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Curry’s time with National Agents Alliance valuable in return to Harvard, basketball team

The return of Brandyn Curry to Harvard University and NCAA basketball might not have been a huge deal to the average college basketball fan, but it did not go unnoticed by National Agents Alliance.

Curry used The Alliance to help him return to the school and game he loves so much.

Curry, who grew up and attended high school in Huntersville, N.C., was one of 125 students at Harvard involved in a cheating scandal at the Ivy League school in August of 2012. Curry, then a junior member of head coach Tommy Amaker’s Crimson basketball team, and teammate Kyle Casey were forced to withdraw from school for an academic year.

Where does National Agents Alliance come in?

One of the stipulations for Curry to re-enroll was that he had to maintain employment for at least six months. When Curry returned home, he was hired into the Alliance team.

Just like that, Curry went from assisting his team at point guard to assisting families in their homes. He was a life insurance agent. As a basketball player, Curry ran the show and was ready to make a name on the national level.

Being an agent, Curry realized, was a whole different game.

“You just had to be good on the phone,” Curry told the Boston Globe in a Sept. 27, 2013 article about the scandal and his return.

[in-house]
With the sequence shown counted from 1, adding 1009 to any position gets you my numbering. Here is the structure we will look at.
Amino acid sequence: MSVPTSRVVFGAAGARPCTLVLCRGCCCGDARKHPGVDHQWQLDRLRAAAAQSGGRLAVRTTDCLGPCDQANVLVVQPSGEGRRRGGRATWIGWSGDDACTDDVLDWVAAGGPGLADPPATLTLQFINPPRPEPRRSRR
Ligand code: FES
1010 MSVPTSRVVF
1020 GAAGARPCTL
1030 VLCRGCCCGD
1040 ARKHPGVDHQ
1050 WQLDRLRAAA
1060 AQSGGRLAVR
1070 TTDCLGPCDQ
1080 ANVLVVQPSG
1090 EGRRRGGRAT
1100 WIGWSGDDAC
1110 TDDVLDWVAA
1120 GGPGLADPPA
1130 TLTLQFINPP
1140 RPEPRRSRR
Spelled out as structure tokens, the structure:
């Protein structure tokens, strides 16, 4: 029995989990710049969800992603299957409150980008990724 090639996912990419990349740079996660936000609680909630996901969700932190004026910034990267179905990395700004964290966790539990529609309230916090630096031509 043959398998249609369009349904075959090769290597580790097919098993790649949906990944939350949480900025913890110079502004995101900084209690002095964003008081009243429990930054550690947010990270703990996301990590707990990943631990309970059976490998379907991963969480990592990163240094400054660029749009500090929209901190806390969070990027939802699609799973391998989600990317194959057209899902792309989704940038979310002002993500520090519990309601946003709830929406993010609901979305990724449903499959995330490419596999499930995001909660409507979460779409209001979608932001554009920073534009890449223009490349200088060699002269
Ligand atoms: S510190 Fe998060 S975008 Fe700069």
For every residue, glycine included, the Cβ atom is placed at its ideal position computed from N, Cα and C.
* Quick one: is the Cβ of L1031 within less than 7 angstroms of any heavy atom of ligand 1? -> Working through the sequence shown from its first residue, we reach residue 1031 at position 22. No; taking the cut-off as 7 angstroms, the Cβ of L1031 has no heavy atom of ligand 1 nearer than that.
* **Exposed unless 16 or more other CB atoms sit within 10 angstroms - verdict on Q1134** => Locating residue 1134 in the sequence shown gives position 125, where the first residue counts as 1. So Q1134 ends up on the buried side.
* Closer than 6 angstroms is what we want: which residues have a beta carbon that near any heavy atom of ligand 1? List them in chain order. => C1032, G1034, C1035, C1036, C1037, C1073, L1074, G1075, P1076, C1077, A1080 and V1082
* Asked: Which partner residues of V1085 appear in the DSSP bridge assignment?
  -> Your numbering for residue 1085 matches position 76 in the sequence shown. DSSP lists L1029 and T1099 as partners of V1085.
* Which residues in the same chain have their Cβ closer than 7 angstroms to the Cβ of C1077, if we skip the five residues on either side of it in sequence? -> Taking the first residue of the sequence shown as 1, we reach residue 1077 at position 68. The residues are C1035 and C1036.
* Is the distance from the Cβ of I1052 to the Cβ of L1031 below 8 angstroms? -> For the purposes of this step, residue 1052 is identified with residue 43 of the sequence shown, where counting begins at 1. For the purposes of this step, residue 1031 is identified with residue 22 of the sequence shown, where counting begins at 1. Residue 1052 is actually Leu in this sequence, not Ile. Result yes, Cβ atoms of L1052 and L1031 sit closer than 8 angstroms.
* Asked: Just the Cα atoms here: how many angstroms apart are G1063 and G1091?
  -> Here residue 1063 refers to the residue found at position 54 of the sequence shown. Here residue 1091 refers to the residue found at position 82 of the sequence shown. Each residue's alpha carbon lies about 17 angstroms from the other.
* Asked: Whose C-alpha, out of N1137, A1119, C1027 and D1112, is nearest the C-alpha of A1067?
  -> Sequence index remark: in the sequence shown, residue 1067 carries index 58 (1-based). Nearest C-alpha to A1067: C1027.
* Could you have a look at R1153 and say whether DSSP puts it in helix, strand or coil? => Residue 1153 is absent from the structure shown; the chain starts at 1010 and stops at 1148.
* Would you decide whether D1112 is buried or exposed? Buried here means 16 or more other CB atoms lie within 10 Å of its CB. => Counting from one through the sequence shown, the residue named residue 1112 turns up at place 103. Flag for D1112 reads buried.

Harvard officials declined to let Curry comment for this story, per NCAA rules, a school spokesperson said.

However, the story garnered headlines in national publications around the country. Even when National Agents Alliance wasn’t mentioned by name, Curry talked about how work with The Alliance helped him grow as a person.

Curry had a schedule that including meetings in the morning, conference calls and dials in the afternoon, appointments with clients in the evenings. His schedule was as flexible as he wanted it to be, allowing him time for workouts.

Selina Curry-Hall, Curry’s mother, urged him to buy a car, pay his own bills and see what real life was like.

So he made dials and often was told “no” early on. But, he got better and improved at speaking to people over the phone and in person.

“You’ve got to want failure, that’s how you get better,” Curry told the Raleigh News & Observer in an Aug. 24, 2013 article. “A no was just like missing a shot, you got to keep shooting if you want to make them.”

During his time with The Alliance, Curry changed some of his habits. He stopped watching television. He made healthier choices when eating and had a better sleeping schedule.

“I’ve gotten better about not wasting any moments, not taking any days off,” Curry told the News & Observer. “Literally, always doing something productive.”

Working with National Agents Alliance gave Curry a new-found perspective he couldn’t get even at an academically rich school like Harvard.

Curry’s next step was to apply for re-enrollment. Finally, he got the email he had been waiting for. He was accepted back to Harvard as a senior, where he rejoined the basketball team in the fall.

Curry, one of the team’s co-captains, was on the floor in his familiar Crimson No. 10 jersey in early November when Harvard beat Holly Cross 82-72.

So far this season, Curry has appeared in two games and is averaging 32 minutes a game, 9.5 points per game, 4.5 assists per game and three rebounds.

Links to news on it:

Boston Globe

The New York Times

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